Presidential re-election in Latin America has historically implied a significant element of constitutional instability, dating from the early creation of the Republics. Until a few decades ago, changes in re-election laws tended towards the imposition of term limits, mainly as a result of prolonged experience with dictatorships in most countries of the region.
Currently, this issue is gaining particular relevance in light of the emergence of a new wave of modifications related to re-election, beginning at the 90’s. Since then, an overwhelming majority of countries have decided to permit presidential re-election in the most expansive sense of the concept, leading to the emergence of a new pattern of re-election in presidential regimes.
Since 1990, half of the countries in Latin America have formally initiated processes to increase permissiveness regarding presidential re-election. Several of these countries have carried out more than one reform process in the same period, with the intention of gradually increasing the presidential term. The majority of the countries in question have adopted immediate re-election, although Venezuela and Nicaragua have opted for a more extreme relaxation of re-election laws to allow for “indefinite or unlimited re-election”. While the issue of presidential re-election has been present in the debate surrounding Latin American presidencies since their very beginnings, this phenomena is currently of particular interest as it begins to coexist with democratic government frameworks, although it is still early to tell with certainty the repercussions of this type of institutional coexistence.
It is first necessary to reconcile the fact that the field of political science has relegated re-election studies to an exclusively legal sphere, or at best, dealt with it as a characteristic of political systems to be examined descriptively. Under these conditions, in order to address the topic of re-election, the study analyzed why some of the presidents who attempt to modify the status quo of presidential re-election in order to make it more permissive succeed in carrying out the reform, while others fail. This question is addressed through a qualitative comparative method (QCA).
My recent research published in “Revista de Ciencia Política” has been demonstrated that the conditions for successful re-election reform are connected to the conjunction of the leader’s popularity, their personalistic party control, the use of an extra parliamentary arena, and the absence of a majority in the parliament.
While in theory it is possible to carry out the reform with a legislative majority, as in Venezuela in 2009, the cases studied reveal that it is unusual to create a workable majority strategy at least at the first intent of reform, possibly due to the tremendous difficulties and the elevated cost of reforming this constitutional regulation, which cannot be explained using the same criteria that apply to ordinary laws. This argument, although it appears to be a paradox, demonstrates that the presidents with parliamentary majorities are at a disadvantage when it comes to constitutional reforms when compared to those who pursue the reforms through other decision-making channels.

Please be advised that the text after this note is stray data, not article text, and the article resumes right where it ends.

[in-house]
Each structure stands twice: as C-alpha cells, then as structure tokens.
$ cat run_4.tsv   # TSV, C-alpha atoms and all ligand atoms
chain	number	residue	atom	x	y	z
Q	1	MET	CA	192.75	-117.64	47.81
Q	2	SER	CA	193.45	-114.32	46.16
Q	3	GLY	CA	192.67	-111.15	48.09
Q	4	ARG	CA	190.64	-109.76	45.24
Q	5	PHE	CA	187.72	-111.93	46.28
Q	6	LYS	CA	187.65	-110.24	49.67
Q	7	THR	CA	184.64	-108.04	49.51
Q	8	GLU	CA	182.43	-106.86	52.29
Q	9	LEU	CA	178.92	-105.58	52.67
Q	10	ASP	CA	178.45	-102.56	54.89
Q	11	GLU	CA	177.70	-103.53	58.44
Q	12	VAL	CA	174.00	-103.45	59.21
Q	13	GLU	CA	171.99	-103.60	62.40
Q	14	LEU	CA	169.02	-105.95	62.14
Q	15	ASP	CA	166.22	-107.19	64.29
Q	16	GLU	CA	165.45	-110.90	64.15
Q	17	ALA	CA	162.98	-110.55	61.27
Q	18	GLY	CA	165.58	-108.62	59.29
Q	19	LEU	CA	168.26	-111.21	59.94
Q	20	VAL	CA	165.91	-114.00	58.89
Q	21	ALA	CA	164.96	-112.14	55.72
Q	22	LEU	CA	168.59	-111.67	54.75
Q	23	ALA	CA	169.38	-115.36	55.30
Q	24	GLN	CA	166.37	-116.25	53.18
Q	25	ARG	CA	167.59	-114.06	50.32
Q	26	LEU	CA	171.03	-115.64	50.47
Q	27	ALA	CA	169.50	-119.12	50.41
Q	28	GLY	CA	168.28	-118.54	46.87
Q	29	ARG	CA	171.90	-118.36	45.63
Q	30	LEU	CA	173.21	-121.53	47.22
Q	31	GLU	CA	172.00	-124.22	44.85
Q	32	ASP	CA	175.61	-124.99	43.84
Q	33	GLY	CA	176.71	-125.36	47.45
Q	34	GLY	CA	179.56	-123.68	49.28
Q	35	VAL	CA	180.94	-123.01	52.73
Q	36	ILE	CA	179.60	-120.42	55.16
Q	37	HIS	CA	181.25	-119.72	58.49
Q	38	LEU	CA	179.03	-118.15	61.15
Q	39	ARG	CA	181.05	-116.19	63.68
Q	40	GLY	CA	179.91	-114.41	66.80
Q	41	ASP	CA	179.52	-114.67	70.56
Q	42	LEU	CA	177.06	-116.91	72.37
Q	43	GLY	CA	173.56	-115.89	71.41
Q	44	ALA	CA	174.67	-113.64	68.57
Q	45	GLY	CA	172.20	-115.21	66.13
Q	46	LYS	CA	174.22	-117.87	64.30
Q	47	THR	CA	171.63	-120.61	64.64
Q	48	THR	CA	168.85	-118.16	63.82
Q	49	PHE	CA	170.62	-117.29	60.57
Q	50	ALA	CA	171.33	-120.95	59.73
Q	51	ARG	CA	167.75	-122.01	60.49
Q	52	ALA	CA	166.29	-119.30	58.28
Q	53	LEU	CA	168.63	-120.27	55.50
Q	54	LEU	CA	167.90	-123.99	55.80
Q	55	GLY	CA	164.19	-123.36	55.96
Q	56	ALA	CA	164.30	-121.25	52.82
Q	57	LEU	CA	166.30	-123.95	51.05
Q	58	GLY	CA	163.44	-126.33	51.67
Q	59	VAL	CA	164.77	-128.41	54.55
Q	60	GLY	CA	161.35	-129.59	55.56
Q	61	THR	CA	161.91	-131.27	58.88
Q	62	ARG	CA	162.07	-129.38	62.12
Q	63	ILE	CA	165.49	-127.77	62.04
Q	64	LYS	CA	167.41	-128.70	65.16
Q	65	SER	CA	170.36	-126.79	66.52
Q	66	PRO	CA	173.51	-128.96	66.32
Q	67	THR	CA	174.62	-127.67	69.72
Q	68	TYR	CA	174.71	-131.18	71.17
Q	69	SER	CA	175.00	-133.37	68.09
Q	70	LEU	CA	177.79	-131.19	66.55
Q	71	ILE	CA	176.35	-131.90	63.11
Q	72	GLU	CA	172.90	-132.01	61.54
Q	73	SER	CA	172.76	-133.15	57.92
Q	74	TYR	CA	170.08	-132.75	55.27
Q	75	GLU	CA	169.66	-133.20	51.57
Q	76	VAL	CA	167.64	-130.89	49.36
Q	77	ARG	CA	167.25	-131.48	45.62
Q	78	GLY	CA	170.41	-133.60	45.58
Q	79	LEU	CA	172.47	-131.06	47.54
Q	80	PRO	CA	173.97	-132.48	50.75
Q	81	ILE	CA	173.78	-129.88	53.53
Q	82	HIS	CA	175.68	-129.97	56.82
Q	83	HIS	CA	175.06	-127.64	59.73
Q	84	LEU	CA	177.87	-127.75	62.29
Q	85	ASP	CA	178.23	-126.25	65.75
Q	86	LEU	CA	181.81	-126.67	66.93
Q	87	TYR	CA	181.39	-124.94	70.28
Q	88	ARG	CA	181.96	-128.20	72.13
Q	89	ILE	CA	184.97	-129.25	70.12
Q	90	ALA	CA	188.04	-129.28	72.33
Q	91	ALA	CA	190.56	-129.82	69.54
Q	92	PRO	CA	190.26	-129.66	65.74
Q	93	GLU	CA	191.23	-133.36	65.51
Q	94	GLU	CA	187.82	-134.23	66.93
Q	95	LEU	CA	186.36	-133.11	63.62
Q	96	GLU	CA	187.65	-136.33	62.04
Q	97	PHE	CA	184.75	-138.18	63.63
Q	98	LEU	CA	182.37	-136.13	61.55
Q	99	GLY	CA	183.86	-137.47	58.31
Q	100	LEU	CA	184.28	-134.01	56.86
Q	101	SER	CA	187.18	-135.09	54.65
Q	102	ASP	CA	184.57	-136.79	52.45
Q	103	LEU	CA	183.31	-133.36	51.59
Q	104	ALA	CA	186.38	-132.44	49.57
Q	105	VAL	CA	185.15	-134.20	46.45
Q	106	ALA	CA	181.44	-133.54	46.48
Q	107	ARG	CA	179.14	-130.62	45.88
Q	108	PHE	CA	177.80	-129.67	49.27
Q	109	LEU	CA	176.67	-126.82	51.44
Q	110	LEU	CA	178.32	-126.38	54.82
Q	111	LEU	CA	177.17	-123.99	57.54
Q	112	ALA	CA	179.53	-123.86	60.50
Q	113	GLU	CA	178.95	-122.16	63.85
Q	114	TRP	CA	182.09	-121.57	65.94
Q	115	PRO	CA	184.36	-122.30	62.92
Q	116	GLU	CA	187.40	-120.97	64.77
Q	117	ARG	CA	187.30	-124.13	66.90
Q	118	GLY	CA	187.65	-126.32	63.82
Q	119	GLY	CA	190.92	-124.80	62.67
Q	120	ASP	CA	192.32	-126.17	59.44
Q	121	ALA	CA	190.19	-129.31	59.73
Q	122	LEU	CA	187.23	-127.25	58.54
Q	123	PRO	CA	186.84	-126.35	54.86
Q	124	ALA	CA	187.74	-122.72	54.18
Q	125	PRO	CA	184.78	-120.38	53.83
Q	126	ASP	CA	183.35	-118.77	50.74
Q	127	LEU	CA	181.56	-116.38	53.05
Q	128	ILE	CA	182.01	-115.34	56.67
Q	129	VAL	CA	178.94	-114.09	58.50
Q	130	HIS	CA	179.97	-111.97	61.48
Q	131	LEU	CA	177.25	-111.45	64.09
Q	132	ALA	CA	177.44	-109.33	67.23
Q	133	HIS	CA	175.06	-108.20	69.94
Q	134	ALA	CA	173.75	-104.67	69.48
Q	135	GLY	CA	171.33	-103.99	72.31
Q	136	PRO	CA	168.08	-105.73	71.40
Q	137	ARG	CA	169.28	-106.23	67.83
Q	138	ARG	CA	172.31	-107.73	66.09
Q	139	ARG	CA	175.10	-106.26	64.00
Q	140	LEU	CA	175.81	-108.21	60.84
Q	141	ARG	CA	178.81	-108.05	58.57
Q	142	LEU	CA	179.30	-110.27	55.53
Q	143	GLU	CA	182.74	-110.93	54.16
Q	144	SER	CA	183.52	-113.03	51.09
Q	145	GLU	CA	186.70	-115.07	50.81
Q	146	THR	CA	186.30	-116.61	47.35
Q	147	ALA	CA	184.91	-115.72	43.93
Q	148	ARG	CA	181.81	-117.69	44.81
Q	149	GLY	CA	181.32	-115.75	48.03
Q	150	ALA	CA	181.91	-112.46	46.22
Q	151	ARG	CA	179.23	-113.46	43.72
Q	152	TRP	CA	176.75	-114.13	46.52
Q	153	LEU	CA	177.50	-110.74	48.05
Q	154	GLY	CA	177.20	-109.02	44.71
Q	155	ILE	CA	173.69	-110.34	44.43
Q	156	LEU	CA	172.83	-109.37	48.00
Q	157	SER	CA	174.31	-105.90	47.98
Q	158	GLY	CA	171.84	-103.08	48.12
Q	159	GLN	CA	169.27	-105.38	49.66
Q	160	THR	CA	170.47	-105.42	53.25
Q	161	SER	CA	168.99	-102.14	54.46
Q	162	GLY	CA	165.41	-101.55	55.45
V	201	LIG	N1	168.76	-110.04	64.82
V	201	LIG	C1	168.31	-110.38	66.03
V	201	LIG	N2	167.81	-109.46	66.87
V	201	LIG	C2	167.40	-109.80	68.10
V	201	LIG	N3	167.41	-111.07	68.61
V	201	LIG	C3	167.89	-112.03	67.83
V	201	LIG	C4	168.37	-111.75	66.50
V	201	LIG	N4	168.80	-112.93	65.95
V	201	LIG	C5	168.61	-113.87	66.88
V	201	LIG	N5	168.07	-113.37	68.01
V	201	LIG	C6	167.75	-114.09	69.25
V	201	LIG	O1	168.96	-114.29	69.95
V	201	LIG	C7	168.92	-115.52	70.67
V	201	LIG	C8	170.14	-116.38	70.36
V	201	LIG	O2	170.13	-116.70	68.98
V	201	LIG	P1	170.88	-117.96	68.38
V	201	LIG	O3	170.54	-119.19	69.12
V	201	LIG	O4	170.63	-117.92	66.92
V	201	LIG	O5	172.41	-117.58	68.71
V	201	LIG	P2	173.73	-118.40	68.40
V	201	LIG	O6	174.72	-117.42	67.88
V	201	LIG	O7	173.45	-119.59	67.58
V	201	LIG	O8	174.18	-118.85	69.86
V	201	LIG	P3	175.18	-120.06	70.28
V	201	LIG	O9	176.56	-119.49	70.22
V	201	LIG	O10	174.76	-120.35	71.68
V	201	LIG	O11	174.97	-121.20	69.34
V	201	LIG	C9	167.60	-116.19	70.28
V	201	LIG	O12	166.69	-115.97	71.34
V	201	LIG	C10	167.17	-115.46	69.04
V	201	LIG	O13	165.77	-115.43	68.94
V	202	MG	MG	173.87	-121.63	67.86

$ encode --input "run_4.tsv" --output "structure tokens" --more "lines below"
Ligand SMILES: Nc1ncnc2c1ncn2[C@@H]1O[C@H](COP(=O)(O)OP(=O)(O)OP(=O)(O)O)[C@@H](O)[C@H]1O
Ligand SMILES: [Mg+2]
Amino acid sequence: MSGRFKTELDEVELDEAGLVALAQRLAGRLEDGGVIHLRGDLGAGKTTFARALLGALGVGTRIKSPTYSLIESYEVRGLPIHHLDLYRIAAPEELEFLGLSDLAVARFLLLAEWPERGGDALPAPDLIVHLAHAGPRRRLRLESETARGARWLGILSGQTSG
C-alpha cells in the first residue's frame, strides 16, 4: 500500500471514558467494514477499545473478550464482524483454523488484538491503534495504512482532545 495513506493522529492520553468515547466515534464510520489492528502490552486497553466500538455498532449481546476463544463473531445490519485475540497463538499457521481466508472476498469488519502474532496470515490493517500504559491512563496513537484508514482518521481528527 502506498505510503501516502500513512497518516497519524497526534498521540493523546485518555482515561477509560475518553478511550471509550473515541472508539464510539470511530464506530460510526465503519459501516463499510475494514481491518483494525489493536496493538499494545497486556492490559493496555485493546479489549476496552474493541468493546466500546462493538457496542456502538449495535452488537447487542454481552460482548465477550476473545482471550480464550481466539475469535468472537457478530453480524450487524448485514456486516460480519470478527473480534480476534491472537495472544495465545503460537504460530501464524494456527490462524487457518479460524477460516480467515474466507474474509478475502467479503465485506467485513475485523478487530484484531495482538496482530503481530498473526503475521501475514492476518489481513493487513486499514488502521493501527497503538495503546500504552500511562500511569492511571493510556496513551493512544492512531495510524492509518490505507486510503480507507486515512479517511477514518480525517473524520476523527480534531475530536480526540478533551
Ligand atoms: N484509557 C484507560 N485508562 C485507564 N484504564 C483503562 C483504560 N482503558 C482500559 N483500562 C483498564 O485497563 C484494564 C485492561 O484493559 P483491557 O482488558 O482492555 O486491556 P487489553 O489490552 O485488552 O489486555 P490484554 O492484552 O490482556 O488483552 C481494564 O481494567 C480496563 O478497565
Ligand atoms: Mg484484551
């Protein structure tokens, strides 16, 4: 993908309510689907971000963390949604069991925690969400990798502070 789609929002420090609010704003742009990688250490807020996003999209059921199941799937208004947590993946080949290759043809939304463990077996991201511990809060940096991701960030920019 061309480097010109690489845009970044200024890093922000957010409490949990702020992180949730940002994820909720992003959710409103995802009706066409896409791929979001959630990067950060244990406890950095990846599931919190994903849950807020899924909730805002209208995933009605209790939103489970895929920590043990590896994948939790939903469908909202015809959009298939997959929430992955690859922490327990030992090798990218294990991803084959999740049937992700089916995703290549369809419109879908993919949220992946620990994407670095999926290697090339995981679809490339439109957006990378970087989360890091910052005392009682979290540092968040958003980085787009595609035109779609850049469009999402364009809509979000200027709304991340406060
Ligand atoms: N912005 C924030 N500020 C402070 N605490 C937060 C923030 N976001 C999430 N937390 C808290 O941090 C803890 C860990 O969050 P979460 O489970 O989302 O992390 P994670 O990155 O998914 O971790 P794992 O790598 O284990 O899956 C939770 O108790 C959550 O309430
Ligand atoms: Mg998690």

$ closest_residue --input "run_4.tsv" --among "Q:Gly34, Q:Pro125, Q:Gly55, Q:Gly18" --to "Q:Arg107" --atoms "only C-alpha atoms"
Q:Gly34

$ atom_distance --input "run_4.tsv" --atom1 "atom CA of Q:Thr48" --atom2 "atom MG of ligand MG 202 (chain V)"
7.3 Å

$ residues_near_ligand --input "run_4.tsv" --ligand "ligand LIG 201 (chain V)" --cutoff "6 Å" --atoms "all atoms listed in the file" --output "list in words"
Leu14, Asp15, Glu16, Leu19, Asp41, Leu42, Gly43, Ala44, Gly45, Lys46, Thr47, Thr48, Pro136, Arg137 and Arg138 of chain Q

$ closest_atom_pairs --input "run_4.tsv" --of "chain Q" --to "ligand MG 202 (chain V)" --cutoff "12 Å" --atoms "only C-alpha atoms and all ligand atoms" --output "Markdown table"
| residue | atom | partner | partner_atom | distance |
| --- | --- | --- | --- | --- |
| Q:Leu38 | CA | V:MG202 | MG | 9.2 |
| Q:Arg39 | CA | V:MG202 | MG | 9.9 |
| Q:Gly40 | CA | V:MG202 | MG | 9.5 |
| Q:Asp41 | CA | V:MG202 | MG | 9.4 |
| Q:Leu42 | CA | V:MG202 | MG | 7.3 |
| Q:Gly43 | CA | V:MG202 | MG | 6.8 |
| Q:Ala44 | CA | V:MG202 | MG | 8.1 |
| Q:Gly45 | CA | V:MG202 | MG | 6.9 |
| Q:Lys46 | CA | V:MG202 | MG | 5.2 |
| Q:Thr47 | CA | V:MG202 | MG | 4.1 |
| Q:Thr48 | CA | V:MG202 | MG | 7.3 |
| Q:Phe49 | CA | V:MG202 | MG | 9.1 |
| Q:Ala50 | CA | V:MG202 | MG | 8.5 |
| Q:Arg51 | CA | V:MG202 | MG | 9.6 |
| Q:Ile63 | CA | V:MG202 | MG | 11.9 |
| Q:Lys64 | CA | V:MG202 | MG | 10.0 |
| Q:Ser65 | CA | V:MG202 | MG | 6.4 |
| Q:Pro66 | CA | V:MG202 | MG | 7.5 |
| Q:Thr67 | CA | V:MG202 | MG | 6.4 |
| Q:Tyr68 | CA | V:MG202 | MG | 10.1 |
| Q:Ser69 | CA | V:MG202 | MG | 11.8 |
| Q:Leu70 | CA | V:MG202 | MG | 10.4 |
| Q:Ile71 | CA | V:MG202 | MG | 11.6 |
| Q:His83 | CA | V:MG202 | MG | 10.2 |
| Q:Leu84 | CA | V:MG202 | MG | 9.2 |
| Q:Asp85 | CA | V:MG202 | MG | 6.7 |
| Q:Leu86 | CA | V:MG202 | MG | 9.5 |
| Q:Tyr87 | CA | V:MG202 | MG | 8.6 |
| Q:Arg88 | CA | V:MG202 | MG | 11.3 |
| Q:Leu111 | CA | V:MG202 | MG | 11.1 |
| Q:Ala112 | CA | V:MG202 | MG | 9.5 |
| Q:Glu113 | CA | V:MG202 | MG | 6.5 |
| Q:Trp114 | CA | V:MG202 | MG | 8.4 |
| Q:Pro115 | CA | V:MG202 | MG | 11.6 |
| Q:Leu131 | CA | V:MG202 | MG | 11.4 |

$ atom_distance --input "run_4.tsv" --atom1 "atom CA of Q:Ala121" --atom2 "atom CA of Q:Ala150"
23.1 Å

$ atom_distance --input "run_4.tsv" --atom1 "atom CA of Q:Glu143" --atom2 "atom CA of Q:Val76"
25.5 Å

The legislators seem to exhibit hostile behavior when faced with attempts to make term limits flexible, which does not come as much of a surprise when we consider that this closes doors to other potential presidential candidates, given that many who aspire to the presidency may be active legislators when these presidential initiatives are presented.
It is possible to argue that appealing to the personal charisma of leaders, including their control of their party and their popularity, when modifying regulations, is the most favorable solution for undertaking the process when the president is faced with a hostile majority in parliament. At the same time, this route is difficult to pursue when the president controls the legislature and this branch becomes the pathway to the reform process. Following this logic, the leaders of parties characterized by more charismatic leadership have an advantage over those of more program-oriented parties, who generally compete for political control with other players within their own party.
Popularity functions as a signal to the representative institutions that they must respect “the will of the people”, which is difficult to ignore because of the very actions that they take to reach a mandate, as was seen in the protests in Ecuador and Bolivia during constituencies that accompanied the defense of the approval of the new constitutions. On occasion, there is a sort of grey zone between the formal and the informal actions that the presidents chose in pursuit of success, an example being the sui generis compliance with the amendment and constitutional replacement clauses established in the original constitution itself, given that—in at least two of the cases (Venezuela 1999 and Ecuador 2008)—there was no legislative approval.
Presidents are faced with consequences when they chose the route of legislative reform. Because of this, if the president has a majority, he is unable to seek out alternate routes without alienating his parliamentary allies. However, once he has selected the legislative route, there is still a possibility that his allies will become divided. From this we can assert that the effective mechanisms for change are only easily available to the presidents who fight against the parliamentary elite.
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